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Clint Eastwood

A Cultural Production

1993
Author:

Paul Smith

Clint Eastwood

Reads with polish and force. Extraordinarily lucid discussions about the condition of the Western, auteur theory, masochism, spectatorship, voice, and acting. Smith's book will change the course of film and cultural studies.

Tom Conley

The first full-length study of Clint Eastwood (or any contemporary figure in film) that not only interprets and critiques his films but demonstrates their complex and problematic relationship to American culture.

Clint Eastwood

Reads with polish and force. Extraordinarily lucid discussions about the condition of the Western, auteur theory, masochism, spectatorship, voice, and acting. Smith's book will change the course of film and cultural studies.

Tom Conley

While treating Eastwood’s films seriously, Smith offers a respectful and intelligent disclaimer to the canonization that culminated in his recent double-Oscar triumph with Unforgiven. This volume traces Eastwood's career from his first major success in Sergio Leone's iconoclastic Italian westerns. Smith uses Eastwood's work, its themes and structures, to tease out some interesting notions about gender and sexuality. The result is film criticism that, while conventional, is of a very high level, with Eastwood's career serving as a catalyst for some provocative musings on film theory. These turn particularly fruitful in a lengthy digression that focuses on Eastwood's oft-maligned performances to explore the nature of film acting, which Smith breaks down into three areas—the facial, the corporeal, and the vocal. In addition, Smith incisively examines the visual styles of Leone and Don Siegel and their influence on Eastwood's work. On the down side, Smith often falls into the jargon of Lacanian psychoanalysis and overused technical words like ‘diegesis’ and ‘narrativity.’ The book may be too difficult for the casual reader, but the serious film buff will glean some new ideas about Eastwood.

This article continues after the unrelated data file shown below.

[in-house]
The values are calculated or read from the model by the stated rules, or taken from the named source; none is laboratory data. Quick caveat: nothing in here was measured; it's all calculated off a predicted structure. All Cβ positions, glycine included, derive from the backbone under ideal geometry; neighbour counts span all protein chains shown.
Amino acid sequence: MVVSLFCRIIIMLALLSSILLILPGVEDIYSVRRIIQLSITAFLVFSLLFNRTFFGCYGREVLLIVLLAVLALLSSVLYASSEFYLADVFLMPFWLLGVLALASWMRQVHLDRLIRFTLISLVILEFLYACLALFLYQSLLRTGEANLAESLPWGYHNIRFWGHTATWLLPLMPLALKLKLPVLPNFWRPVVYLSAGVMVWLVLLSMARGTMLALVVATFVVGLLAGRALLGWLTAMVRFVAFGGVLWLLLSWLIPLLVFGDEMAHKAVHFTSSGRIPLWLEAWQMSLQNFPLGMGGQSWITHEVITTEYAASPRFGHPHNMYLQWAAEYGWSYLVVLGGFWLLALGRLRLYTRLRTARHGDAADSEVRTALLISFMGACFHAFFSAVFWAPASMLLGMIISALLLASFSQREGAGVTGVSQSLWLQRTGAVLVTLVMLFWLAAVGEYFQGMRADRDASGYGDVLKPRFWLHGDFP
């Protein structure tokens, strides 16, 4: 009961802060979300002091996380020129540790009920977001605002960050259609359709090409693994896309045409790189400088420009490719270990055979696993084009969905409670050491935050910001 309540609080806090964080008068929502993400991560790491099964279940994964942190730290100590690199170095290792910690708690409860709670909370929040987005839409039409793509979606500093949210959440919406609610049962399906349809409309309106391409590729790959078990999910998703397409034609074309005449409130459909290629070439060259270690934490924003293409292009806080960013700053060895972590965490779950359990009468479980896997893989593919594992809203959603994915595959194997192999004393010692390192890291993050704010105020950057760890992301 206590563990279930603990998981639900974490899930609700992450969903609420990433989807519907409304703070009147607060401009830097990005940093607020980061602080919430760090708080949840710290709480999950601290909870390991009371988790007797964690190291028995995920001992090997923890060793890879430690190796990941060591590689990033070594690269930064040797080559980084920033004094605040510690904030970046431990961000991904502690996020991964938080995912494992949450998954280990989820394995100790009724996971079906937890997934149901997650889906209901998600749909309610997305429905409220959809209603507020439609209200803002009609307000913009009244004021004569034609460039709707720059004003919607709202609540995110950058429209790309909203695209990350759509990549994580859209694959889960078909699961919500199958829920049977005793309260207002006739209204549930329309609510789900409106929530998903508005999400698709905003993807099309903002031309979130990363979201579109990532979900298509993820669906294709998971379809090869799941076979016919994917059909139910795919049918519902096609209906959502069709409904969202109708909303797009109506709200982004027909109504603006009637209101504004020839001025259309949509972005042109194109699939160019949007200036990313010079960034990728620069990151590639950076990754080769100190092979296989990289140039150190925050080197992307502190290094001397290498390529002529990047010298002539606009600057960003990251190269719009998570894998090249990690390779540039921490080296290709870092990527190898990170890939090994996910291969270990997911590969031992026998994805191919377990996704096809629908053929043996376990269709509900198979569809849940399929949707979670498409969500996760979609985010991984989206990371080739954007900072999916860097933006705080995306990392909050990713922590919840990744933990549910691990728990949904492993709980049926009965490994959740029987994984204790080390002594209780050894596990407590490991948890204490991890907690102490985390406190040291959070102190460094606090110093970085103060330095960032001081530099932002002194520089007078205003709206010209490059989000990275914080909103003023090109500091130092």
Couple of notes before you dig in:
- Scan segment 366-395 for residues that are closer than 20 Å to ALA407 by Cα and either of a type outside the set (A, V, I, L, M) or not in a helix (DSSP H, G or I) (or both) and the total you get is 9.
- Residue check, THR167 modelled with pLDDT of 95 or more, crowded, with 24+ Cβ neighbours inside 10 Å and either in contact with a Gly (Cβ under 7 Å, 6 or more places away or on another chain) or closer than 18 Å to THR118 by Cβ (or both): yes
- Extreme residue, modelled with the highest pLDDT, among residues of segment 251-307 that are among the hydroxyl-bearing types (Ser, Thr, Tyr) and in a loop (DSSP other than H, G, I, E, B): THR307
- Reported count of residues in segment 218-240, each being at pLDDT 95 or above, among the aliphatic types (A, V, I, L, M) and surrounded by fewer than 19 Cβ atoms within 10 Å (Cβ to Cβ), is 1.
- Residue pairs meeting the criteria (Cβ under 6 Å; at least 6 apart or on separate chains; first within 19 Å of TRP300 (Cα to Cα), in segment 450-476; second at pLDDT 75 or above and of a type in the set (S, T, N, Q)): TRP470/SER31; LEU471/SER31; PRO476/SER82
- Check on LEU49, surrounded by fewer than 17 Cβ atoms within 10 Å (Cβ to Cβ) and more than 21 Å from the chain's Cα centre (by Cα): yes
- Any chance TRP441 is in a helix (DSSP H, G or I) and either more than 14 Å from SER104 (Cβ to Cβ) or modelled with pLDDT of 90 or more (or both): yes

Publisher's Weekly

Paul Smith’s Clint Eastwood: A Cultural Production is not a biography (it is basically a critical analysis of Eastwood’s films) but it offers many insights into the relationship between the man (especially his political beliefs) and his films. Here is the first in-depth examination of the conflicting political messages of Eastwood's body of work—a strange blend of progressive and reactionary sentiments often contained within the same film.

Variety

Subtly probes the interplay between what Smith calls the cultural verisimilitudes and the world of the films. Convincingly yet delicately lays bare the ideological underpinnings of this quintessential American product.

Wilson Library Bulletin

Smith’s book constitutes a major effort to treat a star seriously in the light of contemporary studies of the representation of the body and the contrast between the ‘real’ body of the actor and ‘reel’ body on the screen. Smith breaks new ground not only through the depth and extent of his serious study of Eastwood but also through this method of connecting a broad range of cultural experiences: the cinematic presentation of Eastwood, the impact of the ‘tributary media’ of television, advertising, and the press, the treatment of ‘aesthetic ideologies’ that relate belief, art, and entertainment, and the dialectic between the audience and the culture industry.

College Literature

Smith examines the ways in which this exceedingly popular actor exemplifies a broad cultural construction, while at the same time contributing to the cultural construction of masculinity. Smith’s book is an excellent text for any course designed to develop critical thinking. The subtlety of Smith’s analysis, coupled with the popularity of his subject, provides an ideal opportunity for students to understand the ways in which any cultural creation exists in a broad social and political context.

Modern Fiction Studies

Clint Eastwood is a Hollywood phenomenon, and Paul Smith’s superb analysis illuminates the Eastwood persona in all its stunning complexity. As actor, political figure, director, or icon, Eastwood embodies some of the most interesting developments in American mass culture, and Smith moves across the different registers of Eastwood’s career with great skill. Whether you are an Eastwood fan, a student of mass culture, or both, Smith’s provocative study will be of enormous interest.

Judith Mayne, Ohio State University

Paul Smith’s iconoclastic book is an exemplary study of one of the most complicated modern figures in North American culture.

Andrew Ross, Princeton University

About This Book